Handling datasets that won't comply with licensing rules after v5.10

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Philipp at UiT

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Apr 23, 2022, 9:10:39 AM4/23/22
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We've started preparing our Dataverse installation to be ready for multiple license support (see release notes for v5.10, in particular handling datasets that won't comply with licensing rules after v5.10. I've a couple of questions relating to the section "Handling Datasets that No Longer Comply With Licensing Rules" in the release note for v5.10:

1. What do the migration/update commands included in the release notes actually change? 1) The cell value(s) in the database table for the dataset version(s) in question, meaning that changes are made without there being created a new version of the dataset(s); or 2) Creating a new version of the dataset(s) with values that comply with the new licensing rules?

2. What about datasets where the latest published version of the dataset complies with the new licensing rules, but the same dataset has one or several earlier versions which do not comply with the new licensing rules: Are these datasets fine for migration? I guess this depends on the answer of question 1 above: If they're not fine, the migration/update commands change database table values without creating a new version of the dataset?

Best,
Philipp

James Myers

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Apr 25, 2022, 7:54:52 AM4/25/22
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The automated changes are in the database. They affect all dataset versions and don’t create a new version.

 

Nominally, they do not change the semantics, i.e. if you had a CC0 waiver and additional terms, the auto update gives you a custom license who’s terms are CC0 plus your original terms.

Similarly for the no terms or license case, the auto-update gives you a custom license stating that no license/terms have been specified. You may not like the exact text in the auto-update, which would be a reason to make manual changes, but you don’t really have to worry that the auto-update is changing the licensing on old versions in any meaningful/semantics sense (perhaps lawyers would disagree and be concerned that a blank terms of use field is not the same as text stating that no terms were specified).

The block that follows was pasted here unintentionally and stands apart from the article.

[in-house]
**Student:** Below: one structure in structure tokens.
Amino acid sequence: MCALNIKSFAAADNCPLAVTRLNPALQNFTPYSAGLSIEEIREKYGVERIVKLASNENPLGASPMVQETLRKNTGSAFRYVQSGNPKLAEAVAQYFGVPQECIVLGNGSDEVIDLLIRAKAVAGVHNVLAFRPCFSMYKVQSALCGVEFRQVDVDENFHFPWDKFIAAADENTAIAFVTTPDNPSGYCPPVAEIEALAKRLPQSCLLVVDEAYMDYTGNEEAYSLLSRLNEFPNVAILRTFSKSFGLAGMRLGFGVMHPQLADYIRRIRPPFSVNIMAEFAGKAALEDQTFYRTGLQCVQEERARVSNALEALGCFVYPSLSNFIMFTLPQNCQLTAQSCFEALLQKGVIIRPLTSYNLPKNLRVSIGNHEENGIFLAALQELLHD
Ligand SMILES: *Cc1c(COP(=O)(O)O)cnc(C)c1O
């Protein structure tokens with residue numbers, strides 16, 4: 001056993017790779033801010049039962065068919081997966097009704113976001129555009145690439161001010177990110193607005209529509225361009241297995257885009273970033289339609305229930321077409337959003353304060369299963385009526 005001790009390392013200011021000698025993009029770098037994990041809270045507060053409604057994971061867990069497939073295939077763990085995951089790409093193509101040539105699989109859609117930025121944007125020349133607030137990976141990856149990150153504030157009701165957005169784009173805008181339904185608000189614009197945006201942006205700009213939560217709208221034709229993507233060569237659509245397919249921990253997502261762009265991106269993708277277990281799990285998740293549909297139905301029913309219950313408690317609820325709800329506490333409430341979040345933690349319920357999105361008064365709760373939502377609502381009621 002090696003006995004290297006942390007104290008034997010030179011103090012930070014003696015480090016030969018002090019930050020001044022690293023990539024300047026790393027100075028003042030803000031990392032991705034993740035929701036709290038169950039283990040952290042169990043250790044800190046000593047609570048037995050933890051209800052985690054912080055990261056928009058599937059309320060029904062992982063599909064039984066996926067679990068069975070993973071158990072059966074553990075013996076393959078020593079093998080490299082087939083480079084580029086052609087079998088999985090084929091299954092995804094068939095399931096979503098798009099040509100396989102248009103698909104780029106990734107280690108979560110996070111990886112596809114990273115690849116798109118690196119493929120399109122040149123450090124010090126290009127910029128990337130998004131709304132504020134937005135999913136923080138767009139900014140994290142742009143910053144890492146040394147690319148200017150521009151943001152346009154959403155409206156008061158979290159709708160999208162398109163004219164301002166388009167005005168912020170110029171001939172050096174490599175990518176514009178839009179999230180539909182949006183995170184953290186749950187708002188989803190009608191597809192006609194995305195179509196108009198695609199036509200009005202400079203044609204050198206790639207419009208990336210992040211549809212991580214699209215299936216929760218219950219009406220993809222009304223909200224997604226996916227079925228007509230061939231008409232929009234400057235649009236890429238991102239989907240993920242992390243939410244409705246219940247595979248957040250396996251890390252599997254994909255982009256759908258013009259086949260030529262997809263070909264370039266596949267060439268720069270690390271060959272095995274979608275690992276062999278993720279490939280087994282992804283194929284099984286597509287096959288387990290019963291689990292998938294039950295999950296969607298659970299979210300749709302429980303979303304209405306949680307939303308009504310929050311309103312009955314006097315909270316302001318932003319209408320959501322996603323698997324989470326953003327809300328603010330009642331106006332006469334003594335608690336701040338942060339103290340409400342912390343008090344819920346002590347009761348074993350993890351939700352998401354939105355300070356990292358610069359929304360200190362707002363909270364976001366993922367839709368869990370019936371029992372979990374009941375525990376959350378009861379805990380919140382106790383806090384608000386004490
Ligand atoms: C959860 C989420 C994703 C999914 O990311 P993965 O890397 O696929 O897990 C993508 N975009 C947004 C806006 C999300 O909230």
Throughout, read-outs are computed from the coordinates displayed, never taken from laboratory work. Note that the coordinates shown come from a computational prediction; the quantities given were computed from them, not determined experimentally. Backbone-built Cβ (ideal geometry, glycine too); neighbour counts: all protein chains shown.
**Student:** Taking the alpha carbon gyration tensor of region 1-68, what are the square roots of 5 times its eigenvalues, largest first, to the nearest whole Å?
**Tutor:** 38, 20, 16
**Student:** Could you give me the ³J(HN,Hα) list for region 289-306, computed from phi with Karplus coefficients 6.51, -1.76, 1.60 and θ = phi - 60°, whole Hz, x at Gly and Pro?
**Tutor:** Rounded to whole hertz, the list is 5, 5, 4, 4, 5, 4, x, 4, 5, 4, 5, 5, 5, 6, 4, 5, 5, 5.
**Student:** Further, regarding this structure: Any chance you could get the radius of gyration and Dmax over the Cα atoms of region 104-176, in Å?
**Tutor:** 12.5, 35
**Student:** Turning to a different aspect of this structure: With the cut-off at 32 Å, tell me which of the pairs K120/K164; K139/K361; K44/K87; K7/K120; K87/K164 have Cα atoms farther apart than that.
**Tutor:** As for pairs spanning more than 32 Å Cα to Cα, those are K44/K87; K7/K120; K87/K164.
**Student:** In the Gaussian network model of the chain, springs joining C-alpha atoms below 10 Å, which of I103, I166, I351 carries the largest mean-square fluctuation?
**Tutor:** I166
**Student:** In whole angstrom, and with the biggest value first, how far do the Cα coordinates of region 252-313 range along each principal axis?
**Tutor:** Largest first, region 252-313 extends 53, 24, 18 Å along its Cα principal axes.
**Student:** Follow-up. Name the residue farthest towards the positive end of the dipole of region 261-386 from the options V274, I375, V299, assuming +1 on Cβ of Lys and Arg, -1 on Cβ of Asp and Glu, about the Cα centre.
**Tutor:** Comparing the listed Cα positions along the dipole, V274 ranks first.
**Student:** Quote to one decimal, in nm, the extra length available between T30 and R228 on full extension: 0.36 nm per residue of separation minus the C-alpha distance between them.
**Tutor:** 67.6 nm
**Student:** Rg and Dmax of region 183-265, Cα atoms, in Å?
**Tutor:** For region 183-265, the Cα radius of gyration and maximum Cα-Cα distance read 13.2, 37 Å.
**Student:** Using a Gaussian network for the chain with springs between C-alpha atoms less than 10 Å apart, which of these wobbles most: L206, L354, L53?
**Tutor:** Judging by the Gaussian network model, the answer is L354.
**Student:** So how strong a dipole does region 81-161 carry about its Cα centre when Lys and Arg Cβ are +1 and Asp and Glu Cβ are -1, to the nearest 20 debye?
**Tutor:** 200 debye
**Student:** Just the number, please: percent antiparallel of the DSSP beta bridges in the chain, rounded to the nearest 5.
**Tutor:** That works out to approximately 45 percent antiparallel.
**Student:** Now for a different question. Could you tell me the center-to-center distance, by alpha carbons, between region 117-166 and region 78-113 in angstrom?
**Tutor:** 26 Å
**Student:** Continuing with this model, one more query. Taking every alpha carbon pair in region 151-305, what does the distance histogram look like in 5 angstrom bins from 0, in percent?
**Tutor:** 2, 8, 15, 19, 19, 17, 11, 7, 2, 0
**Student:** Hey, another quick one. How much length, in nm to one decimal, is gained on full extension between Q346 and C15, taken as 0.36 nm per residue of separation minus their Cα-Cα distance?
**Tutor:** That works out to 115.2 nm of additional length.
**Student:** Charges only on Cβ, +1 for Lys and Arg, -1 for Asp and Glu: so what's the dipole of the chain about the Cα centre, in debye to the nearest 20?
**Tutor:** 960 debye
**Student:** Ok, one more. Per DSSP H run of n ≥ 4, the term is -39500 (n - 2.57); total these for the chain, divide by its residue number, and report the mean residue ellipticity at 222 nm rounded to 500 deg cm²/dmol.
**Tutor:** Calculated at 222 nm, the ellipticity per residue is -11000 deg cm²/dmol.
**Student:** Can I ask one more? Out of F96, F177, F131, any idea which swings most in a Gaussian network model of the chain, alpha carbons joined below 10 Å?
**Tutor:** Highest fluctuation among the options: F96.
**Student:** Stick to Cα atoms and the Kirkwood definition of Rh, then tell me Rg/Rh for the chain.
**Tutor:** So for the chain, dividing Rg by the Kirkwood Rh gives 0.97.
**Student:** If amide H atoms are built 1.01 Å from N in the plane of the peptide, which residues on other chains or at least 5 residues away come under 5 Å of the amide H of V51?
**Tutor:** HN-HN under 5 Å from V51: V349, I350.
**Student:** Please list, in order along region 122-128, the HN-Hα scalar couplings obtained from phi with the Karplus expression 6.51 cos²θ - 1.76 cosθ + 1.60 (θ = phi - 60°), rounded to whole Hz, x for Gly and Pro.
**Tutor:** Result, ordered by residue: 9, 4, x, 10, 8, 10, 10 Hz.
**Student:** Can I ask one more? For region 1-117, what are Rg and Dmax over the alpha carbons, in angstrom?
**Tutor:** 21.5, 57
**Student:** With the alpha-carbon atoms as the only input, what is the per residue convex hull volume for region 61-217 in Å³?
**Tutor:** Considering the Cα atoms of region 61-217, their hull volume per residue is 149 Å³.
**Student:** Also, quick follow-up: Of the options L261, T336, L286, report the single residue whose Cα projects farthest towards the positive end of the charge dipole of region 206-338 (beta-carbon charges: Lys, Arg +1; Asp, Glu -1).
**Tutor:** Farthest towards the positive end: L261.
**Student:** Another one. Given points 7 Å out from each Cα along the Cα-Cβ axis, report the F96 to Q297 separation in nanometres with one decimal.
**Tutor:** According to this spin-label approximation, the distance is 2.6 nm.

-- Jim

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Philipp at UiT

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Apr 26, 2022, 3:01:05 AM4/26/22
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Thanks for clarifying, Jim!
Philipp

Philipp at UiT

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Jun 18, 2022, 7:32:05 AM6/18/22
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I've been doing some more work on preparing our installation to be ready for multiple license support and found out that in more than half of the CC0 + non-empty terms cases there are no other terms or restrictions displaying in the Terms tab, but there is some text stored in the corresponding fields in the database. As I curated some of these datasets, I'm almost certain that these datasets had some terms specified in addition to CC0 in the initial DRAFT state of the dataset, but that I convinced the depositor that CC0 and the reminder about the Community Norms as well as good scientific practices would be enough to ensure proper citation, and I then removed any other text from the Terms fields before the dataset was published. Still it seems now that the original text contained in these fields is still stored in the database.

I guess that in cases like these, we safely can remove any content in the Terms fields in the database?
Could you provide the SQL update query for such cases? Thanks!

Best, Philipp

James Myers

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Jun 20, 2022, 11:04:15 AM6/20/22